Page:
Commentary, Local Commentary

Our Man in Arlington

Houses of worship in our historically religious county continue to struggle.

The congregation of the Arlington United Methodist Church, with roots in the 19th century, has folded, and last year sold its 70-year-old red brick structure at 716 S. Glebe Rd. to Sunrise Senior Living, which has filed for demolition.

One temporary occupant of that complex was Redeemer Church of Arlington, which this June took over the main sanctuary of the Westover Baptist Church. Their landlord remains the Baptist church, which began in 1940 with a congregation of 76 across from today’s Swanson Middle School. Over the decades its services sometimes attracted 1,000 as a force in the community. Today’s congregation, I can report — is down to 100.

In an interview, Pastor Michael Youngblood explored reasons the congregation is now meeting in its smaller (original space) in the Perry Mitchell Chapel. “Covid had an impact on church attendance nationwide,” says the Philadelphian, now in his ninth year at Westover. “We are meeting our ministry objectives and moving forward. This move makes the building more available to the community.”

Working on budgets and planning during a consultation with a national church consultant with his board of trustees to refurbish the sanctuary and chapel, Youngblood explored offers with several local churches. “Fortunately, finances are not a struggle,” he says.

 Its expansive campus with ample parking houses the Arlington branch of the (D.C.-based) Levine Music School, a successful preschool, an occupational therapy program, a summer camp, a vacation Bible school, two scout troops (Boy and Girl), and classical concerts (the Arlington Chorale). When a nearby congregation experienced a death recently, Westover hosted the funeral that drew 800 attendees, Rev. Youngblood notes. Westover is also set up for parishioners to participate remotely through the streaming of services and Bible Study.

 Of all Westover’s assets, the preschool is among the most steady — now in its 52nd year. (My own two grandkids attended.) During Covid, “a lot of schools were struggling with enrollment, and people were choosing different child care options,” says Amy Kaetzel, an employee since 2012 and director since 2020.  With many locked inside, “some young children had never left their home, and it was a scary time for everyone.”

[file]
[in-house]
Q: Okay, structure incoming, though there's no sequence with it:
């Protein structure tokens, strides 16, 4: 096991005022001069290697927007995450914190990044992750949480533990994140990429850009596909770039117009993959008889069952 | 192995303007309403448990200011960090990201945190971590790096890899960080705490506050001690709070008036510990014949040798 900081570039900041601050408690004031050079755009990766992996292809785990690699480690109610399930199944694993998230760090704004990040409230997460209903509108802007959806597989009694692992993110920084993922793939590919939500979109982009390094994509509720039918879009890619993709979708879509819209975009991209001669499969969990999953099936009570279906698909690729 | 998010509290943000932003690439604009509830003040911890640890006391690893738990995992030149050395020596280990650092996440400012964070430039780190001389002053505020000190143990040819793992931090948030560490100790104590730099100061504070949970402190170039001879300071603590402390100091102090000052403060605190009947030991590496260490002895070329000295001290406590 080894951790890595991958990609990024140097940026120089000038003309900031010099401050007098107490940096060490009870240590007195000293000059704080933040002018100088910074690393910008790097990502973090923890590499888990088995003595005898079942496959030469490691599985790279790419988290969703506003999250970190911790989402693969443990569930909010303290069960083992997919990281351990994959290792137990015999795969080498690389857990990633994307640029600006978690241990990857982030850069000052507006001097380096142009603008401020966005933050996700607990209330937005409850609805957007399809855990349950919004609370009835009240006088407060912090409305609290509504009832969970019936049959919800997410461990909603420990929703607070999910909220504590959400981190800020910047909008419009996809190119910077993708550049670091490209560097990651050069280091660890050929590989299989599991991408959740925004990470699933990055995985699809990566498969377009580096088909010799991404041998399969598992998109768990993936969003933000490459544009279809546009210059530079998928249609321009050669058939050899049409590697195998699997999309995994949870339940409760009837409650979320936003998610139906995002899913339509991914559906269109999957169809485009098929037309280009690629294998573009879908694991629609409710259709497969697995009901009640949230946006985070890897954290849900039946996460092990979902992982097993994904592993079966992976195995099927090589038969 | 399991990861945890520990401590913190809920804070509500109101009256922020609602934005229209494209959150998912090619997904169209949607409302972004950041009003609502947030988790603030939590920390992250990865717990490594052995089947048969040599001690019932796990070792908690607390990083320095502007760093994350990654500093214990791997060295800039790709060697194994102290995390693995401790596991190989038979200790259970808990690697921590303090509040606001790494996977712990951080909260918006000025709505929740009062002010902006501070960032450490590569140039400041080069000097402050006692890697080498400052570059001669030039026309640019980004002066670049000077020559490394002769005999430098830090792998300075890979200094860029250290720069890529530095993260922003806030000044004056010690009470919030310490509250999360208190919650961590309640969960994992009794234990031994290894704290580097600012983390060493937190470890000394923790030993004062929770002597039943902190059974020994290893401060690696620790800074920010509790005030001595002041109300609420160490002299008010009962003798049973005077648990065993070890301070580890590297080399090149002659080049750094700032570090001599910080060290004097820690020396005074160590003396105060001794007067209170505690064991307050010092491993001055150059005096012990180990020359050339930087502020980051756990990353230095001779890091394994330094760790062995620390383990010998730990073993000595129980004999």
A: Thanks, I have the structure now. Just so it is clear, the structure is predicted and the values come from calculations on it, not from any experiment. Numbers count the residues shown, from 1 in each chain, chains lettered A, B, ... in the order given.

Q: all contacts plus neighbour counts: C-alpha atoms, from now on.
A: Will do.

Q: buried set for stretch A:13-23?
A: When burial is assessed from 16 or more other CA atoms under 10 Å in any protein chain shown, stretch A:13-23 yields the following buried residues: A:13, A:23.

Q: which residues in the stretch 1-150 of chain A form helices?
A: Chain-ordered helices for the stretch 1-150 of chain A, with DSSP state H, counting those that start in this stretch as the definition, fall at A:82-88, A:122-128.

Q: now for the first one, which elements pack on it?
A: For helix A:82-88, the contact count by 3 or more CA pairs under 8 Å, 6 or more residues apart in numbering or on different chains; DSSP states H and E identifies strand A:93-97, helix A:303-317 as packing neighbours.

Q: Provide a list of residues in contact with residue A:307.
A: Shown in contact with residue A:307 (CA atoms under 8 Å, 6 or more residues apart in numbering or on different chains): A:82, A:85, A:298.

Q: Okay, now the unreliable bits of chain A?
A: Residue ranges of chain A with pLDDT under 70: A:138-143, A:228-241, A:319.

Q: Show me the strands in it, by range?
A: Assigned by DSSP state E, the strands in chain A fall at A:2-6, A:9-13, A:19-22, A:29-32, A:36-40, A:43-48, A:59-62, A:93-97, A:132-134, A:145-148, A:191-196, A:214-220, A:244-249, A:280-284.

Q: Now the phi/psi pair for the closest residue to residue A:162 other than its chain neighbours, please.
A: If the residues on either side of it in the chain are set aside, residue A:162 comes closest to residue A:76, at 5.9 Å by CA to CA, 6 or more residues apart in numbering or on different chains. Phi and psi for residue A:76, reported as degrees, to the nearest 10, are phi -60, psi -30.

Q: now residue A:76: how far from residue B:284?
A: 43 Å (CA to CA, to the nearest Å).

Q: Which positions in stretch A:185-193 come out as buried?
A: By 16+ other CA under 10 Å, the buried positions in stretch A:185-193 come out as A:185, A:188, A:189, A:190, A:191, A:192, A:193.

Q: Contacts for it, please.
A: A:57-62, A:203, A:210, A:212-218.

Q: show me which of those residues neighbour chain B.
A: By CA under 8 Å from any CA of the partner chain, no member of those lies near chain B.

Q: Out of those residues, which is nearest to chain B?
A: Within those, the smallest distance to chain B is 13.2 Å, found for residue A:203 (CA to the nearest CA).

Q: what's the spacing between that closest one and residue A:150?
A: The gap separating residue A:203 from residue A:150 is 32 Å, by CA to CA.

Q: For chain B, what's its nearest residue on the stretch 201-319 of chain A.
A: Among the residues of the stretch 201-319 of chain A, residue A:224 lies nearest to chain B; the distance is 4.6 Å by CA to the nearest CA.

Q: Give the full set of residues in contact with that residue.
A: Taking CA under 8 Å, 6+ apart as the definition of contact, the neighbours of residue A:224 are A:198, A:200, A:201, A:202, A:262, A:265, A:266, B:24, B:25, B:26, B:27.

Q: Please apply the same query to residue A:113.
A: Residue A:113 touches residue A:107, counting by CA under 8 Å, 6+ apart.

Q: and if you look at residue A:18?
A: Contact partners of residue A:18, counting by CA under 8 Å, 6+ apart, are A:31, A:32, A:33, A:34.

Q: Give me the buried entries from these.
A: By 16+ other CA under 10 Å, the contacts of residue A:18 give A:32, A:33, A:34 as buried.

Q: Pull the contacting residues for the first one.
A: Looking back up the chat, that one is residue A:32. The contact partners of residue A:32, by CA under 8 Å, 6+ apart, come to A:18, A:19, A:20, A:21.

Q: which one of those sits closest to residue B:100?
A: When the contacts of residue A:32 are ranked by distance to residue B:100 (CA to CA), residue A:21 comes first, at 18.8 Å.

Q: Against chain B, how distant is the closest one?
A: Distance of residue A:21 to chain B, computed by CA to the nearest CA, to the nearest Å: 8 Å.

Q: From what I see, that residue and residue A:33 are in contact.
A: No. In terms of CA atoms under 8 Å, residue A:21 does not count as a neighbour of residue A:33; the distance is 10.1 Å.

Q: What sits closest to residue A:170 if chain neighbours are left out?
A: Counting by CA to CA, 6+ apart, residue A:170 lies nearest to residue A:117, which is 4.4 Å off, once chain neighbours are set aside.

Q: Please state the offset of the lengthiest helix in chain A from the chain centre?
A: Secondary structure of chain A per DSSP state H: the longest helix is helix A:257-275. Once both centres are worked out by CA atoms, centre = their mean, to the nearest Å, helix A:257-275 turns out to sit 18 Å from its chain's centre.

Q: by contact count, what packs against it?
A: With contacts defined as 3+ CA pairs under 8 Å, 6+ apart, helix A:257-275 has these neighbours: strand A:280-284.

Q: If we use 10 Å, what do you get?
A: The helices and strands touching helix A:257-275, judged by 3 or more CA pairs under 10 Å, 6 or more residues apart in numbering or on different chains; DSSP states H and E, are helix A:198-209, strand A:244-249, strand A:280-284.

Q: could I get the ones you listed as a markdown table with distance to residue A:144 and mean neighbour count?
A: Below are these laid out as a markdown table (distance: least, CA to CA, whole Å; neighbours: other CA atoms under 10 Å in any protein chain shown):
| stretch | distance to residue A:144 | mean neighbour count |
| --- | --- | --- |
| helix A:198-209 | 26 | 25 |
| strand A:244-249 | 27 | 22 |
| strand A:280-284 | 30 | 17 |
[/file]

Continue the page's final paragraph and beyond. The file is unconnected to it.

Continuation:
Coming out of this isolation, the preschool “slowly began to re-introduce more community — Halloween parades, Christmas performances, parents coming in as classroom readers, after-school enrichment and weekend picnics at use of the campus park. A bequest from a loyal former teacher allowed scholarships and upgrades (including a popular play-space ball pit) to 11 classrooms that can host more than 100 students “but feel like a one-room schoolhouse. The church is gracious in allowing us to use multiple spaces,” Kaetzel says.

Collaborating as a team with resource specialists, “the teachers know every kid.” The key, Kaetzel adds, is that “children learn best through play, though secretly there’s a lot of learning going on. Arlington Public Schools spends so much on facilities, but that’s not really the most valuable thing in education. The quality of teachers, the right numbers and parents are the recipe. Safety is No. 1, but there’s also safety with heart and spirit.”

Jesus Christ, reminds Pastor Youngblood, “said our mission is to go out into the world.” For Westover Baptist, that “now means serving from the chapel and recognizing the past members and friends who sacrificed to build this church. Then and now, isn’t there still a need for Christ in the community?”


A towering, multi-branched water oak tree in the Williamsburg neighborhood has been saved from the chainsaw.

As recommended by the Arlington Tree Action Group, realtor Liz Kirby this month inked an unusual sales contract with a builder planning to expand the brick rambler at 5920 N. 35th St. An addendum specifies that any new construction will be done in consultation with a certified Virginia arborist. “He appreciates trees, knowing that greenery is good for us all,” she told me.

That’s important news during our times of highly visible climate change.